BSSC students come from diverse backgrounds and life experiences. Creating a shared sense of belonging is the fundamental role of the newly created Inclusion Ambassadors. This group will also reinforce that harassment and discrimination have no place at our college. The ‘faces’ of BSSC inclusion are these 30 Ambassadors.
“Because of the size and diversity of our college, we are trying to keep the idea of inclusiveness front and centre,” Eve said. “So discrimination can’t fester at all.”
These students chose to become Ambassadors for different reasons. Rose joined because she wanted to make a difference to those she knows are struggling. Chloe joined so she could learn about—and make connections with—all the diverse groups at BSSC.
“It’s especially important to connect with the international students,” she said. “I feel like there can, at times, be quite a divide between international and local students.”
One of the great strengths of the program is that it is mediated by students equipped to recognise and diffuse discrimination or harassment.
“Being students ourselves makes us very approachable,” Ecky said.
Jess agreed… “But we need to show that we are trustworthy and not pushy—even though I get really mad when I hear negative comments about asylum seekers!”
So, how serious a problem is this issue for our college?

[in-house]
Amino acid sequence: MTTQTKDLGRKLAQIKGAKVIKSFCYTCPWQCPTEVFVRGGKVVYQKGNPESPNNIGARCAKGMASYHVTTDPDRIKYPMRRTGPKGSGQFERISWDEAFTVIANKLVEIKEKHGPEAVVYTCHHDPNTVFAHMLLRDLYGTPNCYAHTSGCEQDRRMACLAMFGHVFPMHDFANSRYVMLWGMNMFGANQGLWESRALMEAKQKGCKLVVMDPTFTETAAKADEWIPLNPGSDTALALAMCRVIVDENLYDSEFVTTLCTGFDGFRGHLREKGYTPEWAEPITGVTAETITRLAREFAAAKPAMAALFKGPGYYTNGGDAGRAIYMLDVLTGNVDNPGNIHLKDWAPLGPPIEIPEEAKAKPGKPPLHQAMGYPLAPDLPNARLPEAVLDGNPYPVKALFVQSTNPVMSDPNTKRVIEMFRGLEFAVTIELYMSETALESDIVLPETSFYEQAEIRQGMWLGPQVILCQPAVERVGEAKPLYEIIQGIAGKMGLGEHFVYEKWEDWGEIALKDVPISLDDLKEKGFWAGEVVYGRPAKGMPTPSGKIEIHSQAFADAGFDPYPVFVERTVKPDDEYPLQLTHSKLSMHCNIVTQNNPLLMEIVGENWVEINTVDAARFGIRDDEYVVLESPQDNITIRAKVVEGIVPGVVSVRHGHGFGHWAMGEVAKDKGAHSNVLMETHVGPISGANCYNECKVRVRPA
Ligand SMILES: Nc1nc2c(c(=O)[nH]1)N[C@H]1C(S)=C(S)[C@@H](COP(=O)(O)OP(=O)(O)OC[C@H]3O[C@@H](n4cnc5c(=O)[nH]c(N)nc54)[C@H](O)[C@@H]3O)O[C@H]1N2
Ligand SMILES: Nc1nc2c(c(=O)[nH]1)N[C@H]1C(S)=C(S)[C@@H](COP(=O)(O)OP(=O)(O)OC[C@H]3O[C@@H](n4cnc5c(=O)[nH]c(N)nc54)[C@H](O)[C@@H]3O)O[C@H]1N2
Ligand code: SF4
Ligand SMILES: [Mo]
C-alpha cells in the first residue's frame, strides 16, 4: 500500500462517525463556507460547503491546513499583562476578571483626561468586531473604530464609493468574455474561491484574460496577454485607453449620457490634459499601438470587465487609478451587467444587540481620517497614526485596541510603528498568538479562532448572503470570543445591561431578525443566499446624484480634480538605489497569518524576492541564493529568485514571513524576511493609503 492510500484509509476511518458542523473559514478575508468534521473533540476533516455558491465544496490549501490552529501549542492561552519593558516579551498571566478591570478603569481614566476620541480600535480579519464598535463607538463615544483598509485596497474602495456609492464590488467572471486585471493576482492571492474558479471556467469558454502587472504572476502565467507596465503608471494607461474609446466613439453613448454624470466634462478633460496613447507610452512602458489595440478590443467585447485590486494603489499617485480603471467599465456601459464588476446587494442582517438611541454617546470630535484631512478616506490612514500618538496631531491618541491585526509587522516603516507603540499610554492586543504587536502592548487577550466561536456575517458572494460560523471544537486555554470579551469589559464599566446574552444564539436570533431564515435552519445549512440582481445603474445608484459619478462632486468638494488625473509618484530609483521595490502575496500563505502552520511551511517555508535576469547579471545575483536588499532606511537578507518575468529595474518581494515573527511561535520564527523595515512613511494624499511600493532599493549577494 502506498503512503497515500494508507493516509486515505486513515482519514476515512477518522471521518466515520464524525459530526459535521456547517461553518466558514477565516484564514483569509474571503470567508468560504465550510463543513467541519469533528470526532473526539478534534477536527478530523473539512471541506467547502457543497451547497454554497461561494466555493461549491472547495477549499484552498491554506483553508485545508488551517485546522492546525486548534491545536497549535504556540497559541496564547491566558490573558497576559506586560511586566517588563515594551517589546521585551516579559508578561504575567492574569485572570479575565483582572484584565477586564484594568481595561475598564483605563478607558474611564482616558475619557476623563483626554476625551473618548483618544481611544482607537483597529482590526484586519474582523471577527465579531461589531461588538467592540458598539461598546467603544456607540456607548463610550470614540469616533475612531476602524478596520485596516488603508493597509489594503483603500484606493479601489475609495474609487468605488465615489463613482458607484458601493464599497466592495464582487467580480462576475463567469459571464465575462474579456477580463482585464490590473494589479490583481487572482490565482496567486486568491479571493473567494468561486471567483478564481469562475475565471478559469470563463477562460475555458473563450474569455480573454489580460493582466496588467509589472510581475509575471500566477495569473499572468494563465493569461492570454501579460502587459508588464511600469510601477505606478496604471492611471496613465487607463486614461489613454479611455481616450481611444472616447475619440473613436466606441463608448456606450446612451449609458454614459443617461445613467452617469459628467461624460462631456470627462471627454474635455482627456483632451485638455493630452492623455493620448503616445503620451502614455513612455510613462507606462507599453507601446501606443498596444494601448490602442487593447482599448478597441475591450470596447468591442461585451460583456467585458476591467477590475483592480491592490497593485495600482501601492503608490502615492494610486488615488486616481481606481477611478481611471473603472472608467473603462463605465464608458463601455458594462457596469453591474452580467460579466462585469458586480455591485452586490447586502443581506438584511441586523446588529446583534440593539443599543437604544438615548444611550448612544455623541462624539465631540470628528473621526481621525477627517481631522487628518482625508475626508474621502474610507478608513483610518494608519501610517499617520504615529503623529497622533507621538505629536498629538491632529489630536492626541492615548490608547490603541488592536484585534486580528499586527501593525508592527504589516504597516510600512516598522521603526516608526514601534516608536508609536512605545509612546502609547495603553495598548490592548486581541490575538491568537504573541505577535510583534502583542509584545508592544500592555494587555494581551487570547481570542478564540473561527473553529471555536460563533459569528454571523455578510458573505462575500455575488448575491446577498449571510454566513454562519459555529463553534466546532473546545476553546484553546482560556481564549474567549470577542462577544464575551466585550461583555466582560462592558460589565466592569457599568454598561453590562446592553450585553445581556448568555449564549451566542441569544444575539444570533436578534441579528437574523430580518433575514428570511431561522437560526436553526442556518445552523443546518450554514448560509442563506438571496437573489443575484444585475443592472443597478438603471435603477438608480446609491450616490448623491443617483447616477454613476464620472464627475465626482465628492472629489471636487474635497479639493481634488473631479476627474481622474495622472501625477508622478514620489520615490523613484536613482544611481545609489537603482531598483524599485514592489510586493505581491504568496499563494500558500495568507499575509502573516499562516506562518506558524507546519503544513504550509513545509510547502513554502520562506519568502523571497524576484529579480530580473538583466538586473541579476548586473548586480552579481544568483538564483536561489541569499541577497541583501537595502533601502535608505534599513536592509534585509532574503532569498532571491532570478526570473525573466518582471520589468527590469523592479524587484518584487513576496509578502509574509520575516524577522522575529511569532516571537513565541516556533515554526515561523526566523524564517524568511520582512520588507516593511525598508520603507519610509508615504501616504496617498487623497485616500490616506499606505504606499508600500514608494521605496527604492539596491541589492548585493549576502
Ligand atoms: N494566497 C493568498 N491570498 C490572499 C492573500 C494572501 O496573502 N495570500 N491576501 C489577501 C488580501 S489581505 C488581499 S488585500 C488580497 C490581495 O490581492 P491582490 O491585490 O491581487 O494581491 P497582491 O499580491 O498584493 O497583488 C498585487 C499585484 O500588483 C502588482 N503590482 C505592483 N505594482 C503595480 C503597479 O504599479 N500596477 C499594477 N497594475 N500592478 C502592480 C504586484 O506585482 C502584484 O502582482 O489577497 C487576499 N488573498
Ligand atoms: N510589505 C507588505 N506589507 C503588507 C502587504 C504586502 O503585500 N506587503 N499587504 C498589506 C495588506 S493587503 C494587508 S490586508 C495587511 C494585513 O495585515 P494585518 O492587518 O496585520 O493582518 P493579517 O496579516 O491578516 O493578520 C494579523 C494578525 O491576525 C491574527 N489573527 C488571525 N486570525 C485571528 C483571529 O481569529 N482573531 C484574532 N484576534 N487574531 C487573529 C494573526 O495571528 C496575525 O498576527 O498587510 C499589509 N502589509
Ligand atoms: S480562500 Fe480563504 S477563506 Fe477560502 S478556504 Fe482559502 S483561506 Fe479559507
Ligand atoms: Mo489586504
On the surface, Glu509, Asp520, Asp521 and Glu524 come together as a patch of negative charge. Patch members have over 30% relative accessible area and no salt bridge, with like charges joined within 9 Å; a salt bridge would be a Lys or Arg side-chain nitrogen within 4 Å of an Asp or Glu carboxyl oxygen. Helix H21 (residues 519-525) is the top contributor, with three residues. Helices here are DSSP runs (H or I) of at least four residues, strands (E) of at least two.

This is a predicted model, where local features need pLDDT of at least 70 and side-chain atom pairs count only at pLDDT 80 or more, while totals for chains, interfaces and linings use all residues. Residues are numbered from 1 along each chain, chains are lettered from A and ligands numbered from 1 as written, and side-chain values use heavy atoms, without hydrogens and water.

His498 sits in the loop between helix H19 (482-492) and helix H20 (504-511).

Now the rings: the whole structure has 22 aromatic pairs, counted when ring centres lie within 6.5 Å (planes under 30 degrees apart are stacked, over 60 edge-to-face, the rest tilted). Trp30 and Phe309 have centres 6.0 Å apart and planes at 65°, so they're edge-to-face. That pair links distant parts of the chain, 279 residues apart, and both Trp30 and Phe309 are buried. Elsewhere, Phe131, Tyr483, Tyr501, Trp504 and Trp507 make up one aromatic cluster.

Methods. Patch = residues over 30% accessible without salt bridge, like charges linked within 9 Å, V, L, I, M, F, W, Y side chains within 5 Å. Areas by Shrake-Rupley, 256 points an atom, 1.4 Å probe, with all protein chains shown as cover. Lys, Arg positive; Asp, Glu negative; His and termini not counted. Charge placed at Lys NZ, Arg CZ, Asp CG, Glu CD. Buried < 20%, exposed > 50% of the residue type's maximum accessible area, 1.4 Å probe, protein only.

“Some students already get it,” Nigheisha said, “but some don’t even realise that feeling excluded is a big problems for certain students.”
Joelle recently challenged a friend who was being discriminatory to LGBTI people.
“I told him how bad it can make someone feel—at least he stopped and thought about it.”
Developing a concern for positive attitudes to others is a position students have reached via different pathways. One student commented that she had been pulled up by a friend years ago over a narrow-minded comment.
“It was the first time I had been challenged to think about the implications of words,” she said. “I want others to be more aware, even if I can’t change their minds.”
Heroes for this group include: Emma Watson (using her star status to draw attention to inclusion issues); Rosa Parks (activist in the US Civil Rights movement of the 1960s); and BTS (a Korean Boy Band whose songs are messages about these kinds of issues).
Reflecting on the world stage also provides examples of countries that are acting both to damage connection and inclusion—and to create it.
“If we look to the US as a superpower, we see the Palestinian crisis but we also see the easing of tension between North and South Korea,” Ecky pointed out.
Overall, there is optimism among this group.
“I think young people are much more willing to look at the issue of inclusion and I hope that as we get older that we’ll bring in real change,” Eve said.
Callum agreed. “At the local level, community and school groups are doing well with this.”
The message from our Inclusion Ambassadors is a simple one:
“If you are struggling, please don’t hesitate to come up to one of us. Our names are on the website so please get in touch.” Go to: http://www.bssc.edu.au/students/wellbeing/